Passing interest on Medicare PaymentsPosted by john h on 7/13/04 at 15:56 (155346)
I recently had a 3 level Discogram on the back and a lower back MRI. I thought it might be of interest to note what the Hospital charged and what Medicare paid. This will not supprise the Doctors on this board:
Discogram charges: $6019.22 What Medicare actually will pay: $1324.23
MRI: $3548.54 What Medicare actually will pay: $780.68
I guess some insurance companies will pay the full amount and if you have to pay yourself you will be billed the full amount.
Re: Passing interest on Medicare PaymentsPauline on 7/13/04 at 21:10 (155363)
Can you describe what a Discogram is and what exactly will it will or will not show for back conditions. Has this test been around for a while or is it new. Is dye use? Never heard anything about this and just wondered if it's a common test.
Have you had them before?
Re: Passing interest on Medicare Paymentsjohn h on 7/14/04 at 09:26 (155379)
Pauline: A discogram has been around for some years and is a diagnostic tool usually performed by a Pain Specialist on the order of a Spine Specialist. It is sometimes done under general anaesthetic and sometimes local but in any event the patient has to be awake when dye is inserted into the disc so he can advise the Doctor what he is feeling when the dye is inserted into the disc. A needle is inserted into a disc using flouroscopy. This is a delicate procedure especially when one has degenerative disc. They are also shooting pictures as the dye is inserted and immediately after the procedure a cat scan is completed to observe where the dye may have leaked from. Usually they will do at least three levels such as L1/S5 L1/S2 L2/S3. As a disc is pressurized with the dye they may discover leakage where there should be none or a bulging dics may increase pressure on a nerve causing pain which you relay to the Doctor. They are looking for the patient to tell them that when the dye is inserted they are experiencing something different than their normal pain. It is performed in an operating room setting with 3 or more people there. I have had two of these over the years. One using local and one using general. The most recent one I just had when they inserted dye into the L5/S1 I experienced some real pain that I had never had or at least it was double what I had ever had. The other two disc seemed about the same to me. The Doctor will now look at what my reaction was. What the pictures of the dye showed as far as leakage and the catscan and MRI and hopefully come up with a diagnosis. I am scheuled to revist him in Dallas on 4 August and I do not have a clue as to what he might say. I think this test may have more or less replaced the test where dye is inserted into the spinal column and X-rays are taken. That procedure really sucked as you had to lay on your back perfectly still for about 12 hours to hopefully prevent bigtime headaches. I had low back surgery about 25 years ago and for the most part did well as I played golf,basketball,ran all the time, lifted weights, etc. My back went south after I developed PF and I think probably because I lost a lot of my body tone and flexability (just a guess)..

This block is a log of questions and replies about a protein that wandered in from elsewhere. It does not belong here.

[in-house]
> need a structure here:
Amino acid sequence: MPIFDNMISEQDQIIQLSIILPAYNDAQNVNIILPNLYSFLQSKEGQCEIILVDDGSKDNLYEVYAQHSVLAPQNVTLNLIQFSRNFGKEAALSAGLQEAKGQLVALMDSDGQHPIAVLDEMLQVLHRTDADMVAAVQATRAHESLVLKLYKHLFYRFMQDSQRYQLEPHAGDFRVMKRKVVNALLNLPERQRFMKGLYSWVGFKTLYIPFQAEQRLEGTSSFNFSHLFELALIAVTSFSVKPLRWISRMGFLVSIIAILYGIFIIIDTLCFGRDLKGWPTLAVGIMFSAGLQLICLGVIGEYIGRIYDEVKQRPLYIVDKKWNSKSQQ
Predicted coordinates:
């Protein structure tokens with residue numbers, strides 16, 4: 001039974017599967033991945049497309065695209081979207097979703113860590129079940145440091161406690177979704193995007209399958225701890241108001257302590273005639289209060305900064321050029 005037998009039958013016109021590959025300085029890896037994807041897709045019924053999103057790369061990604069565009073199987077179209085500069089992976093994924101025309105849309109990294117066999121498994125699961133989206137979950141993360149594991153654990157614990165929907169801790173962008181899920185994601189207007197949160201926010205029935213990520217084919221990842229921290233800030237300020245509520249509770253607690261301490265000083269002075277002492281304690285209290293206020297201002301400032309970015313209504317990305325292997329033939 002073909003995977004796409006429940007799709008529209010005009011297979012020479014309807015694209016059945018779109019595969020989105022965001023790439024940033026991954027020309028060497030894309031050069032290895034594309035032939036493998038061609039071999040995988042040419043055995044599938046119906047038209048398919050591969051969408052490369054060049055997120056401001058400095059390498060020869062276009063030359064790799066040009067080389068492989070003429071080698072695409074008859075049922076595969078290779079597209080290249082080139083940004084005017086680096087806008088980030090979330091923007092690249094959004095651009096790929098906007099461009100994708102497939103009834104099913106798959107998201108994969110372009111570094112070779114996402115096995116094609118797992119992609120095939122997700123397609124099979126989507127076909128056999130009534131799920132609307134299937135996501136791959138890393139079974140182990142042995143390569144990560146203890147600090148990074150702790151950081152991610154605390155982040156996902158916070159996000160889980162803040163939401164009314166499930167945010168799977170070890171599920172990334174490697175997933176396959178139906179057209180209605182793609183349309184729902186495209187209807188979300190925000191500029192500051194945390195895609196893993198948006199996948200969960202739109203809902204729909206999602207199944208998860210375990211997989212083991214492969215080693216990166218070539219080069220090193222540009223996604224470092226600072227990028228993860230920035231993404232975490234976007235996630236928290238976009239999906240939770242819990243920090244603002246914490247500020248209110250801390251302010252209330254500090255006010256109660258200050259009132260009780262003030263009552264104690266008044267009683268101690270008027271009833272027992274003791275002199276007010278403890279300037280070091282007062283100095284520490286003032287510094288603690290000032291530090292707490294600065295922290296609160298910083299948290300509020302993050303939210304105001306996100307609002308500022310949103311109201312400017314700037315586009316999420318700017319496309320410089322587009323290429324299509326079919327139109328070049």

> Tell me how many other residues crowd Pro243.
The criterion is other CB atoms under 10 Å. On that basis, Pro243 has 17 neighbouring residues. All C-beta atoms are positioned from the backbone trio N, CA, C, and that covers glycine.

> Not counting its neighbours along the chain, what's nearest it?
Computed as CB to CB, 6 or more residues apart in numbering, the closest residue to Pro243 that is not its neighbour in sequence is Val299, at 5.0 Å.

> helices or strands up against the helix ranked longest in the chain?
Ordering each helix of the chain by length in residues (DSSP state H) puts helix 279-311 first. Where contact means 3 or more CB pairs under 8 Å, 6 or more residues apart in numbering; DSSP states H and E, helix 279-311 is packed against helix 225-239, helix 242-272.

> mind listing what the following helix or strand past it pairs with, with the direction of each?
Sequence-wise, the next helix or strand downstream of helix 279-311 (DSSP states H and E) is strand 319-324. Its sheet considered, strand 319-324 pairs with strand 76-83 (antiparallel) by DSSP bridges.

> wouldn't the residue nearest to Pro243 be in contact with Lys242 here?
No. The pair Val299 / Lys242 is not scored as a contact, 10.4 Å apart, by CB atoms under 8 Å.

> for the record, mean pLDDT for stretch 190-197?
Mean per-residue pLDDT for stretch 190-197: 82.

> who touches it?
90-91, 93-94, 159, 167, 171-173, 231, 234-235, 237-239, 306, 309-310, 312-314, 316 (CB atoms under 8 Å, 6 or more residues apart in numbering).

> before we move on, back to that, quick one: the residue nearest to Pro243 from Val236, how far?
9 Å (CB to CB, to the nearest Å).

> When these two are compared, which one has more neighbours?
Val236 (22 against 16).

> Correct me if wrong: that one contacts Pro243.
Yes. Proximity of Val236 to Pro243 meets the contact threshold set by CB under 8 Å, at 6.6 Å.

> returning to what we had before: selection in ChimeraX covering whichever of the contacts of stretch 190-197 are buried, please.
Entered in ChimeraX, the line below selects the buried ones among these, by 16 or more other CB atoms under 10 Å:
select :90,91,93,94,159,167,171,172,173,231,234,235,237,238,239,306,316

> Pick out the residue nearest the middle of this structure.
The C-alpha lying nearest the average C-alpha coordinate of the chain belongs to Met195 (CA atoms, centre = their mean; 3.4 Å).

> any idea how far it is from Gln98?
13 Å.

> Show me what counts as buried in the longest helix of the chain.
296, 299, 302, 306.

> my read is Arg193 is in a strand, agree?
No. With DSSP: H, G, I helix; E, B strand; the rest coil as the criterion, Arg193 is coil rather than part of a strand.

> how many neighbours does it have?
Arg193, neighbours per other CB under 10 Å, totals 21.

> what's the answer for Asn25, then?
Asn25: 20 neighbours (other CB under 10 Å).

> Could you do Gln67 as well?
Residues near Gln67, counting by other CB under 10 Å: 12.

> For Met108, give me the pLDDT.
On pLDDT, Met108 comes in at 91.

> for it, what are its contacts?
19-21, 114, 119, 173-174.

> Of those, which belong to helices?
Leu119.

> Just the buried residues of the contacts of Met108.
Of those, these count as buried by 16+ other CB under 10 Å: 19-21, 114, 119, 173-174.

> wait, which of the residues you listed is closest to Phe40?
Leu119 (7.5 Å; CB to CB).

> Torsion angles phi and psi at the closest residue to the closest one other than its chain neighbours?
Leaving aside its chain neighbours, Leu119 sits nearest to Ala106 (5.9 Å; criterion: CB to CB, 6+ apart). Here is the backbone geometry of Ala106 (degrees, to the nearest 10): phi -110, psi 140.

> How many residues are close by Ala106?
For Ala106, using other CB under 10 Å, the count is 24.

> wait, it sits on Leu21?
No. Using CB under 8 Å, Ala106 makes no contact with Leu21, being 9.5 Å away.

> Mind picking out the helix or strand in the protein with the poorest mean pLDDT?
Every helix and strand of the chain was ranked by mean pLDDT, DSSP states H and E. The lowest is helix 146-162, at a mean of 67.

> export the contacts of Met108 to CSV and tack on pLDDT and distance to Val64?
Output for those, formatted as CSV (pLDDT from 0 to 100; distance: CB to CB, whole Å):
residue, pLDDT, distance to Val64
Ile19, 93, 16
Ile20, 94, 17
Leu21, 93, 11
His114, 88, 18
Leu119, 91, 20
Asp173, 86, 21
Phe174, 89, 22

Re: Passing interest on Medicare PaymentsKathy G on 7/15/04 at 10:05 (155511)
One only has to see what Medicare pays to understand why doctors charge the amount they do for services rendered. They have to absorb anything over what Medicare, or, for that matter, privance insurance pays. Not only that, they have to wait for months for payment. Thus, rates are inflated just so they can stay afloat.
It wasn't that long ago that one assumed that all doctors were wealthy. Now, with the rising cost of education, malpractice insurance and the way they are paid, doctors are doing all right financially but they'd become richer in another field. That's why fewer young people are going into medicine. I suppose the positive side to it is that the ones who go into medicine aren't in it to become rich but the negative side is that some very smart people who could be good doctors aren't pursuing the career.
And pity the poor person who doesn't have any insurance and pays individually. He/She is bankrolling the rest of us by having to pay the full, inflated amount for services rendered. There's something wrong with this picture but it would take someone far wiser than I to come up with a new system.
John, I had a myleogram (Sp?)years ago and I was petrified. It turned out not to be bad at all. For me, the worst part was not the lying flat, as I had a very good book to read but that fact that my surgeon insisted that all his patients be given Tylenol#3 following the procedure, whether they got the headache or not. It made me sick so he decided I should take something else, maybe Percocet? I kept telling the nurses I was fine and didn't need any painkillers but he was one of those doctors who they all feared and no one would call him. In retrospect, I suppose his prophylactic treatment was wise, but I was really mad at him because I didn't think I needed any medication.
What you had done sounds very painful and I sure hope they can find some treatment that will help your back pain.
Re: Passing interest on Medicare Paymentsjohn h on 7/15/04 at 11:04 (155524)
Kathy: it sounds worse than it really was.